Recently, the emerging infectious diseases, such as SARS, H5N1, H7N9, H1H1 and dengue fever, occurred in China, and most of these diseases first emerged in Guangdong Province, where is located at the southeast of China and was the first province opened to the world in 1978. Guangzhou is the capital of Guangdong Province. The city is the financial, industrial, transportation and trade center of South China, and has large demographic exchange coupled with business, tourism and labor service. Guangzhou has a population of 13 million. Among the population, there are many national and international migrants, such as African and South Asian communities and tourists from South and Southeast Asia. Guangzhou has a subtropical monsoon climate with humid and hot summer, dry, mild and sunny winter. The annual accumulate precipitation is 1736 mm, and the annual mean temperature is 22℃. Because of the particular location and climate model, Guangdong is vulnerable to many emergency and re-emergence of epidemic-prone infectious diseases, which link to the significant impact on national and international economies. The following examples demonstrate this situation. Firstly, in November 2002, the first cases of SARS were retrospectively identified in Guangdong Province. Then the infection spread rapidly within Guangdong Province and to other provinces and municipalities of China, which led to the largest local SARS epidemic of the world. The disease also spread rapidly from Hong Kong to other areas of world, up to 29 countries and regions on five continents. It is reported that 5327 cases with 349 deaths occurred in mainland China during the 2003 worldwide SARS epidemic. SARS had significantly negative impacts on China’s economy. It is estimated that SARS epidemic resulted in a total loss of US$25.3 billion to China’s economy and a 1-2%drop in the growth rate of China’s gross domestic product(GDP) in 2003. Secondly, Guangdong Province is one of the sites of influenza origin. In early spring of 1996, several H5N1 outbreaks occurred in farmed geese at Sanshui, a small town of Guangdong Province. During 2003-2004, nine avian influenza outbreaks took place in Guangdong Province. But no human case was reported. The first H7N9 human case in south of China was confirmed in Guangdong Province on August 2013. H7N9 posed potentially serious health challenges for Chinese society. Thirdly, there was no dengue fever case in China until an outbreak in Guangdong Province in 1978 where Aedes albopictus and Aegypti existed. In recent years, Guangdong Province has had the highest incidence of dengue in China with cases reported every year since 1997, especially in 2014, a several dengue fever outbreaks occurred in Guangdong which poses a substantial socioeconomic burden, and it is reported that 45171 cases in Guangdong Province, among which 37340 cases in Guangzhou. It aroused wide public concerned in China. One Health is an emerging concept aims to establish collaborations, and to cut across the boundaries of human, animal and environmental health, then achieve harmonized approaches for disease detection and prevention. On November 22nd to 23rd , 2014, the first Chinese households International Symposium for One Health Research was hold in Guangdong, the host is school of public health, Sun Yat-Sen University, and Professor Jiahai Lu is the Initiator of One Health in China. Besides, One Health approach is popular among government organization, research institutes, medicine and veterinary. Therefore, One Health approach has great potential for reducing threats to public health from emerging infectious diseases.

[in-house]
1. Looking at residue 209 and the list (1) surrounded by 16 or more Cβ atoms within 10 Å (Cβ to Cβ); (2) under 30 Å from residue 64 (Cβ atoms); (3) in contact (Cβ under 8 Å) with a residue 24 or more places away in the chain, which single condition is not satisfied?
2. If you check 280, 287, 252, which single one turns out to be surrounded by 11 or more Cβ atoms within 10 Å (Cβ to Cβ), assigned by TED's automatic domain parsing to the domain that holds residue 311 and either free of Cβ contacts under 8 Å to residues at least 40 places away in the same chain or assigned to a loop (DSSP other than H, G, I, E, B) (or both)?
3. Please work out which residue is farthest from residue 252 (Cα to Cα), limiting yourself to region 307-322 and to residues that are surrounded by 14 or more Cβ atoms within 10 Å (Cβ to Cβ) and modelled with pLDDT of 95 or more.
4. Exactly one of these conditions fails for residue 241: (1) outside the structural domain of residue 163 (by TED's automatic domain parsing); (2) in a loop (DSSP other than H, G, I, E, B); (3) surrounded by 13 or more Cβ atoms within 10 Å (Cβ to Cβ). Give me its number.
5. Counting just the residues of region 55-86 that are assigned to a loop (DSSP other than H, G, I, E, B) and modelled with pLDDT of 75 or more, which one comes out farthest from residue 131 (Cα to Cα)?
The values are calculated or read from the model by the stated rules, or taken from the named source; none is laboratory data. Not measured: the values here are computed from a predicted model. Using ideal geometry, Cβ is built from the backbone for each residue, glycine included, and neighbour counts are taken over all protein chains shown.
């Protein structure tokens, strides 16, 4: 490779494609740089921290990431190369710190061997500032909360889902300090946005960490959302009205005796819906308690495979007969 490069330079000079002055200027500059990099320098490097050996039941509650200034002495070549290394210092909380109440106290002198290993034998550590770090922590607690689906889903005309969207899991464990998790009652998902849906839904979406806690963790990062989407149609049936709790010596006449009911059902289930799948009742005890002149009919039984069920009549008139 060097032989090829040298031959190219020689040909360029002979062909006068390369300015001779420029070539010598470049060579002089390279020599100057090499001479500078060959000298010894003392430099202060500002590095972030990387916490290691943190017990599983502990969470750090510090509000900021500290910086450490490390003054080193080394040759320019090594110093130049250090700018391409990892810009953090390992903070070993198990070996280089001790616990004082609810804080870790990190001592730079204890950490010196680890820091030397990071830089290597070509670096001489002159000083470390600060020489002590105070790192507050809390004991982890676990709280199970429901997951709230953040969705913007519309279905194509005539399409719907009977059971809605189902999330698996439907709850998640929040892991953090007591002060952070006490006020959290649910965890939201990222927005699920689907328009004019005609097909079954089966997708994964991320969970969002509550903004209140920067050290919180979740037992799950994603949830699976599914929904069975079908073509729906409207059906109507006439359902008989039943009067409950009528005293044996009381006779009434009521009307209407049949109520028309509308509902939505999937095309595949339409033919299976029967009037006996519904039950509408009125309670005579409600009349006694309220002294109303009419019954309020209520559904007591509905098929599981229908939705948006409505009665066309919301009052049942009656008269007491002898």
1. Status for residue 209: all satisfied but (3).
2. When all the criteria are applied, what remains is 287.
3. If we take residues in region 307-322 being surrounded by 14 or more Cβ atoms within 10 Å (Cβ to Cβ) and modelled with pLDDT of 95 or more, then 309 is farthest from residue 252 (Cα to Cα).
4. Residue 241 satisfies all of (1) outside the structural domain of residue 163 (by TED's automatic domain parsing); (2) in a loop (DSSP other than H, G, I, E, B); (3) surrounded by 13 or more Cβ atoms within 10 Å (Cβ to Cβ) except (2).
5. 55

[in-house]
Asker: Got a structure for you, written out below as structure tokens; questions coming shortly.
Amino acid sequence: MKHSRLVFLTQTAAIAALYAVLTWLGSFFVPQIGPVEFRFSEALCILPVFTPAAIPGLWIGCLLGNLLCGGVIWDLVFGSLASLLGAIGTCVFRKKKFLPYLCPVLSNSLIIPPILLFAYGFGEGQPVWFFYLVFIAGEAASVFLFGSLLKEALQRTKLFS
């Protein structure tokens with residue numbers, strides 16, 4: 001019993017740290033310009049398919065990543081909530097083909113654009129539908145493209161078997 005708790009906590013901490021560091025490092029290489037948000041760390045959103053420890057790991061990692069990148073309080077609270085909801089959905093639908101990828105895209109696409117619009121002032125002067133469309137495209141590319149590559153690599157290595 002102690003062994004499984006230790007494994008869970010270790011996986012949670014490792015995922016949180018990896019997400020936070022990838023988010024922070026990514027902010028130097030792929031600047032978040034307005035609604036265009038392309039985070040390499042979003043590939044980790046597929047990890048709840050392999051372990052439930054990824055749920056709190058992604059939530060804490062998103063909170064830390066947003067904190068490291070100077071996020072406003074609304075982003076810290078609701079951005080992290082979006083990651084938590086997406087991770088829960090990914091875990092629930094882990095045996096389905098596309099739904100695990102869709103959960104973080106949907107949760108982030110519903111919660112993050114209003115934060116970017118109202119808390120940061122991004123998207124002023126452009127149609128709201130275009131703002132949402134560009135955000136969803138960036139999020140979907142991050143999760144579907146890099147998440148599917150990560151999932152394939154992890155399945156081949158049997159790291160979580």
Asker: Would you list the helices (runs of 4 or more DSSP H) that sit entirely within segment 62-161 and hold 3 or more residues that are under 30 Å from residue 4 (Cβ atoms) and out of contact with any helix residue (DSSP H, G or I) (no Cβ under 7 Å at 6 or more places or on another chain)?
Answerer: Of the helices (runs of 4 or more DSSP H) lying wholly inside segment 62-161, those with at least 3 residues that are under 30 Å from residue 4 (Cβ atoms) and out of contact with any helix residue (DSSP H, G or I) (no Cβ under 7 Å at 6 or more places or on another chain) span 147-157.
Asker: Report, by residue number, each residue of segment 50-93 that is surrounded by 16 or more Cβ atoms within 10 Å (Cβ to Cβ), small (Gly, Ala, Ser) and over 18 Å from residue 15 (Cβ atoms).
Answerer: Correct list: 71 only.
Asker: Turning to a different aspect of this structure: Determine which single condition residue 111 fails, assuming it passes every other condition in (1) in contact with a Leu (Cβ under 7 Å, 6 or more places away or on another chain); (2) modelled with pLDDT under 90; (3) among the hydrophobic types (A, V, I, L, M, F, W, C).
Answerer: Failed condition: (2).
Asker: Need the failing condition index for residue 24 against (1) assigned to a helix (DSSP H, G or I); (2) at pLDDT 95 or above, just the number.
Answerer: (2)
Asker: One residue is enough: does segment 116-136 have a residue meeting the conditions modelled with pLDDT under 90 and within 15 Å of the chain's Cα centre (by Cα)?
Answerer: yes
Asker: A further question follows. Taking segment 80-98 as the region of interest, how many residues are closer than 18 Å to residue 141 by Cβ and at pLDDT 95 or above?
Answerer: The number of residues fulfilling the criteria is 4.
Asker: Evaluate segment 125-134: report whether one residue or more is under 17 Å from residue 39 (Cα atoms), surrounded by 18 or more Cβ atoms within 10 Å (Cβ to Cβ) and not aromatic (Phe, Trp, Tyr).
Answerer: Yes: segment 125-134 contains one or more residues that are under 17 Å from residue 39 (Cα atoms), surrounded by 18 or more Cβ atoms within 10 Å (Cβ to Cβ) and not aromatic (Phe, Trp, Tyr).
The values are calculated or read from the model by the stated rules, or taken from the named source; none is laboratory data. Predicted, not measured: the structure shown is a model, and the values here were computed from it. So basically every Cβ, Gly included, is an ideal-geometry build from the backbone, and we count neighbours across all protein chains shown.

Impact of Livestock Intensification on Community Health in Vietnam